DescriptionDavid Plante's dazzling portraits of three influential women in the literary world, now back in print for the first time in decades. Difficult Women presents portraits of three extraordinary, complicated, and, yes, difficult women, while also raising intriguing and, in their own way, difficult questions about the character and motivations of the keenly and often cruelly observant portraitist himself. The book begins with David Plante's portrait of Jean Rhys in her old age, when the publication of The Wide Sargasso Sea, after years of silence that had made Rhys's great novels of the 1920s and '30s as good as unknown, had at last gained genuine recognition for her. Rhys, however, can hardly be said to be enjoying her new fame. A terminal alcoholic, she curses and staggers and rants like King Lear on the heath in the hotel room that she has made her home, while Plante looks impassively on. Sonia Orwell is his second subject, a suave exploiter and hapless victim of her beauty and social prowess, while the unflappable, brilliant, and impossibly opinionated Germaine Greer sails through the final pages, ever ready to set the world, and any erring companion, right.
New York Review of Books
September 26, 2017
5.0 X 0.4 X 7.9 inches | 0.4 pounds
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About the Author
David Plante is the author of several novels, including his lauded Francoeur Trilogy --The Family, The Country, and The Woods. He has also written several works of nonfiction in addition to Difficult Women, most recently The Pure Lover, Becoming a Londoner, and Worlds Apart. Scott Spencer has written eleven novels, including Endless Love, Walking the Dead, and the forthcoming River Under the Road. He has also written journalism for The New York Times, The New Yorker, Harper's Magazine, GQ, and Rolling Stone. He lives in upstate New York.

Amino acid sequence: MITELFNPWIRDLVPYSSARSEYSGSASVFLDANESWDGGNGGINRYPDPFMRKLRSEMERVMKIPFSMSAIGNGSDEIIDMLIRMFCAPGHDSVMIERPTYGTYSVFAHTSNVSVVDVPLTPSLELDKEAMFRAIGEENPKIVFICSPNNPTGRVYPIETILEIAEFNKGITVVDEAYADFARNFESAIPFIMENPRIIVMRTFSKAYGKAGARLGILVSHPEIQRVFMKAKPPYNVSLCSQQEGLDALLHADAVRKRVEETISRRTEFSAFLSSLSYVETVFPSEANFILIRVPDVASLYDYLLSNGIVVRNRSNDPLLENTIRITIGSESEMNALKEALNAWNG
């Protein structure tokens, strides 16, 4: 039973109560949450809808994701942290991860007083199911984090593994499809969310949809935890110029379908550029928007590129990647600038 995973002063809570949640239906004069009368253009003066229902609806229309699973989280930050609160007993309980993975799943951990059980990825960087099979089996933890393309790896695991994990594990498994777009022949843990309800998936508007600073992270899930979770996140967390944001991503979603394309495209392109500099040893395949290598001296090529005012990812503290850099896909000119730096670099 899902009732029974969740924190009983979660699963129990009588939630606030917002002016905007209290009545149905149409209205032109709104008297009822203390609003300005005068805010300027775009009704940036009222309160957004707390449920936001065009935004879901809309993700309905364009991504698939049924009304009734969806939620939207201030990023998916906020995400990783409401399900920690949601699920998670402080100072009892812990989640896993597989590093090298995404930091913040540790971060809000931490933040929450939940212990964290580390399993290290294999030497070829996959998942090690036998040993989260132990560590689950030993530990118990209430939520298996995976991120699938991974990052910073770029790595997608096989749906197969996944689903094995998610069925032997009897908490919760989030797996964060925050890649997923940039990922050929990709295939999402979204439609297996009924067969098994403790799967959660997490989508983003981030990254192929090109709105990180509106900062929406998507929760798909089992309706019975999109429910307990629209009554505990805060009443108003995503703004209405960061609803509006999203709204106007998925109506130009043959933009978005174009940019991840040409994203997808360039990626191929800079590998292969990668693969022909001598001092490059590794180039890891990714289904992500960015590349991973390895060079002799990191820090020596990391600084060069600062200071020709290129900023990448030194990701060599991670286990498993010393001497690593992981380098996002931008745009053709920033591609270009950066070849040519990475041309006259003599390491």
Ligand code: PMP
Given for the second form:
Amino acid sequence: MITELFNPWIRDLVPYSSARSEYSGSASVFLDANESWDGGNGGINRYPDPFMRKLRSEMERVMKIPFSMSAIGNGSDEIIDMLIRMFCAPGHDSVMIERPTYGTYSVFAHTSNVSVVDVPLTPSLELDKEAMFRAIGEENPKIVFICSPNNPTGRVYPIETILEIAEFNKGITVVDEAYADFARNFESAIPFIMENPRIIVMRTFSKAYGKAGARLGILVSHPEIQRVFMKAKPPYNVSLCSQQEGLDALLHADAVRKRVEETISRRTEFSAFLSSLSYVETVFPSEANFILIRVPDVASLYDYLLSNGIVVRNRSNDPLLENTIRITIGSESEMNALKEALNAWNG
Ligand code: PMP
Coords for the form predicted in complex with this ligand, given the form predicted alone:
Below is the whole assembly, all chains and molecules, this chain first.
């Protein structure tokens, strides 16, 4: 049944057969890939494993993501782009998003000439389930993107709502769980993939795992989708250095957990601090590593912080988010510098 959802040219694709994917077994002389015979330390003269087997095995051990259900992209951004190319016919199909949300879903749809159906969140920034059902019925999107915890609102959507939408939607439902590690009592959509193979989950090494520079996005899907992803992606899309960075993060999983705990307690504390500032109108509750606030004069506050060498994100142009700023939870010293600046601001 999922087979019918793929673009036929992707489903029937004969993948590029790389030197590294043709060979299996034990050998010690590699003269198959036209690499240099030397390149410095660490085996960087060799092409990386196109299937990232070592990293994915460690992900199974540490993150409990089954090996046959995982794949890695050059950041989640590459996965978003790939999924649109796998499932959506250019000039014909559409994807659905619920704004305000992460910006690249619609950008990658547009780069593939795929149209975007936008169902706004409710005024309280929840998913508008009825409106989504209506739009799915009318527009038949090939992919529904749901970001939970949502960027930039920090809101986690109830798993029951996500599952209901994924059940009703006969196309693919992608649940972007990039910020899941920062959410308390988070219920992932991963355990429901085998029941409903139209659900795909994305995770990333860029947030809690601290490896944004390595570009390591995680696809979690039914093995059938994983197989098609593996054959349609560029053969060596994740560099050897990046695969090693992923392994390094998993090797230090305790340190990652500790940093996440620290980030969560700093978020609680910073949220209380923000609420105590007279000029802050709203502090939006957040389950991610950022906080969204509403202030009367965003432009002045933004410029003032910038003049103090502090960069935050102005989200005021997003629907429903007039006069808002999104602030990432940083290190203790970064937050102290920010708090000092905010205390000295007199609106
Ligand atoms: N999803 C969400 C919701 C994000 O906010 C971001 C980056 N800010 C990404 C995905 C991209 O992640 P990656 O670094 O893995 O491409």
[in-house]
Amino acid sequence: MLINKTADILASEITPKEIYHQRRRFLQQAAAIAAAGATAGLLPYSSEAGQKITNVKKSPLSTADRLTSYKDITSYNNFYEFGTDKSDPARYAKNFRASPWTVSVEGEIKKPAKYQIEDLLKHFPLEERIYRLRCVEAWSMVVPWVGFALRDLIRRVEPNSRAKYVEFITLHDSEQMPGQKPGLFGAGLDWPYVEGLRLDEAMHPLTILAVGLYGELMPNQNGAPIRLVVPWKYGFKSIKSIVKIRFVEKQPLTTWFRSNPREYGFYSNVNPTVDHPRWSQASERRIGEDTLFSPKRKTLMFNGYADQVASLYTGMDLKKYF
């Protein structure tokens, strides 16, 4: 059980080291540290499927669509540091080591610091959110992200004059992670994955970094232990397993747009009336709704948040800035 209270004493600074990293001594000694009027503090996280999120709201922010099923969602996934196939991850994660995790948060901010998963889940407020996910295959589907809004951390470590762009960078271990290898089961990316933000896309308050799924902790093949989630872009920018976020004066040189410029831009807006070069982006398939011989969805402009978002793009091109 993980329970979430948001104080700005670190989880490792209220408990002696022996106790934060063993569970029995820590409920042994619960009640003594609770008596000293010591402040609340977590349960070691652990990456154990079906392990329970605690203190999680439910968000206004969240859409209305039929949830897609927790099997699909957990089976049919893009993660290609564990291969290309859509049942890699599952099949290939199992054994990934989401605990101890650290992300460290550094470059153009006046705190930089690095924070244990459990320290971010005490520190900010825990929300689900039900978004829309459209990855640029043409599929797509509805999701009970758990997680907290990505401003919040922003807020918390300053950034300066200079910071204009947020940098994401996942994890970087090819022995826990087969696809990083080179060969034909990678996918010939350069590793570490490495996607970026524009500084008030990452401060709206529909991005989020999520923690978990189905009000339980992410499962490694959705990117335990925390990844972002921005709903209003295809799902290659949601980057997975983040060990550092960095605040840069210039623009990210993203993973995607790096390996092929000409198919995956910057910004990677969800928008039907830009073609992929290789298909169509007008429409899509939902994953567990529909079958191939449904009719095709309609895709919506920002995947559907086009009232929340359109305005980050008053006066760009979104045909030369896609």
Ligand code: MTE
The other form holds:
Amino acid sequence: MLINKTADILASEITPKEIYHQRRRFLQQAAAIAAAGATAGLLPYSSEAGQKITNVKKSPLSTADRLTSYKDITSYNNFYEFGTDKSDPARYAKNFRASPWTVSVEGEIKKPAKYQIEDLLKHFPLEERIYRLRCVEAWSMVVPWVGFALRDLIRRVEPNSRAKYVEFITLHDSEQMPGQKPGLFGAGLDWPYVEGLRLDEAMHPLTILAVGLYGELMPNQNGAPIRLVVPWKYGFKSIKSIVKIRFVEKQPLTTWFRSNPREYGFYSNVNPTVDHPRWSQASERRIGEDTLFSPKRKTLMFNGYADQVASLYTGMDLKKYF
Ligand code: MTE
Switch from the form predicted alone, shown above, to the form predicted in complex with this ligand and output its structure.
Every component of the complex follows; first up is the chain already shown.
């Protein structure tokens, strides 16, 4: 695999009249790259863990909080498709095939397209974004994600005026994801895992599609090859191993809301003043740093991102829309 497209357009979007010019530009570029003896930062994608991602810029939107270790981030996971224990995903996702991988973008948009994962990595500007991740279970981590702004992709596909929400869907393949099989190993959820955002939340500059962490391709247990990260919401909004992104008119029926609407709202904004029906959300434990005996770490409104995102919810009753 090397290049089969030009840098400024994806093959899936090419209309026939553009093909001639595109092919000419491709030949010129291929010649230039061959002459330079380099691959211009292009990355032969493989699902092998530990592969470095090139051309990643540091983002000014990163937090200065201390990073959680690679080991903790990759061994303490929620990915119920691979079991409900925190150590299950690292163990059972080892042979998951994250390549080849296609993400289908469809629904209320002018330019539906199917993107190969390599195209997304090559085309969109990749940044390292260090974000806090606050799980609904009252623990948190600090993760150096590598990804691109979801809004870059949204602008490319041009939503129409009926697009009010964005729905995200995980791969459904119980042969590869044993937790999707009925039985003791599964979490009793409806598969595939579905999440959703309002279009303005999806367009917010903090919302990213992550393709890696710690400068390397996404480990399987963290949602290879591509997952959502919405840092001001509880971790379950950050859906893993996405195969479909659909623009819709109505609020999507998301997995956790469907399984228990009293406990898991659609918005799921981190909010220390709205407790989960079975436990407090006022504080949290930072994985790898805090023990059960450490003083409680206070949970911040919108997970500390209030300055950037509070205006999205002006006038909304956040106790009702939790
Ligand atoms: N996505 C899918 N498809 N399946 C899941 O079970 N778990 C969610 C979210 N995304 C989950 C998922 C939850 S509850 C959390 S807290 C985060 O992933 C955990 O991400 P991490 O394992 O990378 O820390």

"Difficult Women is creepy, it is cruel, it is morally indefensible -- and it is exhilarating....There may be no defending these heartless portrayals, but there's also no denying their power. Each scene is expertly staged, and burns with the same dark excitement you find in Mary Gaitskill's fiction or Harold Pinter's plays, the feeling that these characters have sought one another out to exercise hidden fears and desires, to expose primal wounds. " --Parul Sehgal, The New York Times "A delicious sequence of character sketches, interrupted by the occasional self-interrogatory aside....the book succeeds because the women are so horribly alive." --Christine Smallwood, Harper's "Like its three subjects, Difficult Women is consistently interesting. It's as if Mr. Plante were staring out over a wild and rugged topography of femaleness and wondering how one lives in such a land. It's a good question and a good book." --Anatole Broyard, The New York Times "The memoir of Jean Rhys . . . is a remarkable achievement. . . . Plante never forgot who Jean Rhys really was and what made her valuable, so that while he captures neatly the shabby dishevelment of the narcissistic girlwoman fallen into confused old age, he also achieves full recognition for the writer whose eloquence and maturity are endlessly redeeming. . . . [Plante] brings these extremely interesting women to brilliant, mythic life." --Vivian Gornick "[Plante's] best book to date is Difficult Women, an unflattering account of his friendship with Sonia Orwell, Jean Rhys and Germaine Greer. He...tells it pretty much like it was--and like he was, you imagine." --London Review of Books